Three things you can do about inflation

For now, inflation matters because it can affect your ability to maintain your standard of living now and into the future. 

There’s not a lot we can do to affect the declining purchasing power of a dollar.  However, you can mitigate its effects by:

1) holding just enough cash to help you sleep well at night,

2) putting excess cash to work in assets that move with inflation and

3) ensuring that you’re saving and growing enough money today to make up for a declining purchasing power in the future.

Hold just enough cash to sleep well at night

Setting cash aside during this time of economic uncertainty is essential to weathering a financial setback.

However, keeping too much cash on hand could leave you with a reduced purchasing power of your savings. 

For example, let’s assume that you have $10,000 in a savings account that pays you interest of 1.00% per year.  We’ll also assume that inflation averages 5.00% over the year. 

How much purchasing power do you have at the end of the year?  If you said $10,100 you’d be wrong. 

While you earned $100 in interest, inflation reduced your purchasing power by $500, with inflation running at 5% during the year.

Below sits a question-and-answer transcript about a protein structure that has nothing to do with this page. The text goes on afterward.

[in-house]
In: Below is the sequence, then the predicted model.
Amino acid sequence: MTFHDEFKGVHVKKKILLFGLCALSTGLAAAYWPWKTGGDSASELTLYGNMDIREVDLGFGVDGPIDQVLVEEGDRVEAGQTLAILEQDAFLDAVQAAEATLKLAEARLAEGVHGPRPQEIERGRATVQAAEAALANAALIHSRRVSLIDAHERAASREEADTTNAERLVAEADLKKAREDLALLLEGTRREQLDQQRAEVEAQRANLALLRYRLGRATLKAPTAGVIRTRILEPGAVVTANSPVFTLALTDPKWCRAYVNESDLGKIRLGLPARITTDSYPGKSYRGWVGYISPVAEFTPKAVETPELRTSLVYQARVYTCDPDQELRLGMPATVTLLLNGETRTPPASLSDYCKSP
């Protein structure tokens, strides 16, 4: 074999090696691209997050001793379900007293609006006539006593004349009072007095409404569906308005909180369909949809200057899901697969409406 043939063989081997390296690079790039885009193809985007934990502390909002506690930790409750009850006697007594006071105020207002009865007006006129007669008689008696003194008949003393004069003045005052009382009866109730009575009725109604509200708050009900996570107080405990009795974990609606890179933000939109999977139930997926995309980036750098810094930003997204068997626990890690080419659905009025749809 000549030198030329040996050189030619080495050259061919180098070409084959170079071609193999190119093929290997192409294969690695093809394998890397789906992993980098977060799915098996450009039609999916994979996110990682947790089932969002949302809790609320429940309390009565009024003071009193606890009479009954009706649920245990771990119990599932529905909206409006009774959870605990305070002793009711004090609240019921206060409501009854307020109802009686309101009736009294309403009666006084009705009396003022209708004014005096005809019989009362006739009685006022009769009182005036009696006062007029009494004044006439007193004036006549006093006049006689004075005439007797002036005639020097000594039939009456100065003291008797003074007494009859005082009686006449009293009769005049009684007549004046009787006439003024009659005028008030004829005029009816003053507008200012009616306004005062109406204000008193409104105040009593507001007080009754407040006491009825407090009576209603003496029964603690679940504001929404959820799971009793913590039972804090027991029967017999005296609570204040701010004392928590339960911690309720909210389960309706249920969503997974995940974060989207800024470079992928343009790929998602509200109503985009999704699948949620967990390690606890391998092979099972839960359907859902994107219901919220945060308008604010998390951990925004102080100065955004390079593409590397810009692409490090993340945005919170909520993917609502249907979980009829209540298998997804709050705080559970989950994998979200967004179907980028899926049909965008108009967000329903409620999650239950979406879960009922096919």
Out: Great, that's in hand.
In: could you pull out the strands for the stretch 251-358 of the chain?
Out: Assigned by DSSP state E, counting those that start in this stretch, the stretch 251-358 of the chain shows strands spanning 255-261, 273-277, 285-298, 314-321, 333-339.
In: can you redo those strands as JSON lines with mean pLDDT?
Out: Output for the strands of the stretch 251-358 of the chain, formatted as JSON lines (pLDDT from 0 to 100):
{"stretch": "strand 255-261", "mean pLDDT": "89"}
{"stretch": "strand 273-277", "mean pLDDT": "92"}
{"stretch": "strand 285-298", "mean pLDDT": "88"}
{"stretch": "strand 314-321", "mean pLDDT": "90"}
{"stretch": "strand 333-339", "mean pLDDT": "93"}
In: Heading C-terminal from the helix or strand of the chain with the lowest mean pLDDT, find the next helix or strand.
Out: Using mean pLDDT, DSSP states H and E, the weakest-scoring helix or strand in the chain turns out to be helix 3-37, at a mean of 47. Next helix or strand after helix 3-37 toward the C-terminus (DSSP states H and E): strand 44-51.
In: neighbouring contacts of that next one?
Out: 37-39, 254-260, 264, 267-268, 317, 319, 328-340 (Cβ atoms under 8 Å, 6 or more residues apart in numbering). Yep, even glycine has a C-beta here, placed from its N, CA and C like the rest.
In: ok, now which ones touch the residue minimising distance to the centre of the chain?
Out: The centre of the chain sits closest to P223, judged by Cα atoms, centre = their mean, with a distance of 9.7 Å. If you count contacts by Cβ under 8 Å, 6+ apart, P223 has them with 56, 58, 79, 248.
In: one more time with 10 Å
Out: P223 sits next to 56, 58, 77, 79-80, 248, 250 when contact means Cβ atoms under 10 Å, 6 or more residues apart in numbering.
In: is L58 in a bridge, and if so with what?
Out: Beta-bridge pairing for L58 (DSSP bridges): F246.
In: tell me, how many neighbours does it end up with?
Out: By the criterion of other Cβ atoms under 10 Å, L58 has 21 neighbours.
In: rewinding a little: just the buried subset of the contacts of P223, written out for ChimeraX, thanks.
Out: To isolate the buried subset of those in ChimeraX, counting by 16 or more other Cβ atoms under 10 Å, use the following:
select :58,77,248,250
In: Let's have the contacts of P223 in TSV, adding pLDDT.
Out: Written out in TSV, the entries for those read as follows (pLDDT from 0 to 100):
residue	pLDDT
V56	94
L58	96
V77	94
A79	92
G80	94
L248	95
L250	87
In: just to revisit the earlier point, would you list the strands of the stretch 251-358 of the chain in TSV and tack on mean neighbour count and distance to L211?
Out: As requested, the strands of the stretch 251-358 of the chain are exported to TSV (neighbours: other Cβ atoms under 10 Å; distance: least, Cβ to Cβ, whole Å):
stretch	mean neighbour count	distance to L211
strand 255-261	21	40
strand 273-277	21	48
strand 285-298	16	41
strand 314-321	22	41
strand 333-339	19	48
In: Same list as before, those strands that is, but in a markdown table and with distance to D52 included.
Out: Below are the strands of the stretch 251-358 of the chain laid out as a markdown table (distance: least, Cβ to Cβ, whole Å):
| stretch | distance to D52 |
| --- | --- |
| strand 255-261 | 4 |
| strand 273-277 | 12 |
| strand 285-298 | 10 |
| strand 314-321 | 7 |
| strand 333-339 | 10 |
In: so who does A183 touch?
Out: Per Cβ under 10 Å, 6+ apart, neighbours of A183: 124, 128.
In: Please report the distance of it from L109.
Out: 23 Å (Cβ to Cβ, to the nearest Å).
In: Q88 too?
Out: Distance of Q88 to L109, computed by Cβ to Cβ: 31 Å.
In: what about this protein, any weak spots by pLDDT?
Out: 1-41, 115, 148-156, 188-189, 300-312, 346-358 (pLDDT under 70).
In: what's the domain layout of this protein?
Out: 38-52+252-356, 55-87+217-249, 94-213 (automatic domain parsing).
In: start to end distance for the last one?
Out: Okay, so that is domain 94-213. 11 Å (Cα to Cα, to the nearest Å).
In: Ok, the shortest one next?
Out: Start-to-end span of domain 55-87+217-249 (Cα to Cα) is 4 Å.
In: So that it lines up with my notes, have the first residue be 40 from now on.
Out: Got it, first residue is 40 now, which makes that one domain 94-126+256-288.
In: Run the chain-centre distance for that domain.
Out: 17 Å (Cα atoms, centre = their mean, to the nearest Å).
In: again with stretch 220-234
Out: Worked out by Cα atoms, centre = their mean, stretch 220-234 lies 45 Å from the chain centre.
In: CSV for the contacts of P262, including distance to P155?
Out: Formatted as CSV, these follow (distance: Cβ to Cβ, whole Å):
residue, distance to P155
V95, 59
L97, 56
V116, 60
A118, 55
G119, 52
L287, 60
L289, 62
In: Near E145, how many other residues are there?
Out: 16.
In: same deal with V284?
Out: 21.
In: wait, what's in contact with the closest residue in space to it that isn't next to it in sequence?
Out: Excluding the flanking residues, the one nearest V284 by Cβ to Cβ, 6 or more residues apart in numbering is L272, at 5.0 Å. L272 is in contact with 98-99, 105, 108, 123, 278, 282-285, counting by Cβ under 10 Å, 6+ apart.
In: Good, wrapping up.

That’s why if you want to preserve the inflation-adjusted value of your savings, you’ll need to put it to work in assets that can protect your purchasing power.

Put your money to work in productive assets

Where else can you put your money if a savings account alone won’t protect against inflation?  Consider your investments.

A diversified investment portfolio has historically been shown to be a hedge against inflation.  Why? 

Well, a key reason being is that the price paid for a stock today is often in anticipation of the underlying company’s future earnings potential.  And with firms increasingly passing rising costs on to consumers, corporate earnings have the potential to rise with inflation over the long term.

At the same time, bondholders demand a return on their investment that will compensate them for their time, investment risk, and inflation.

While stocks and bonds offer a degree of inflation protection, consider holding a mix of these assets in a diversified portfolio to reduce investment risk.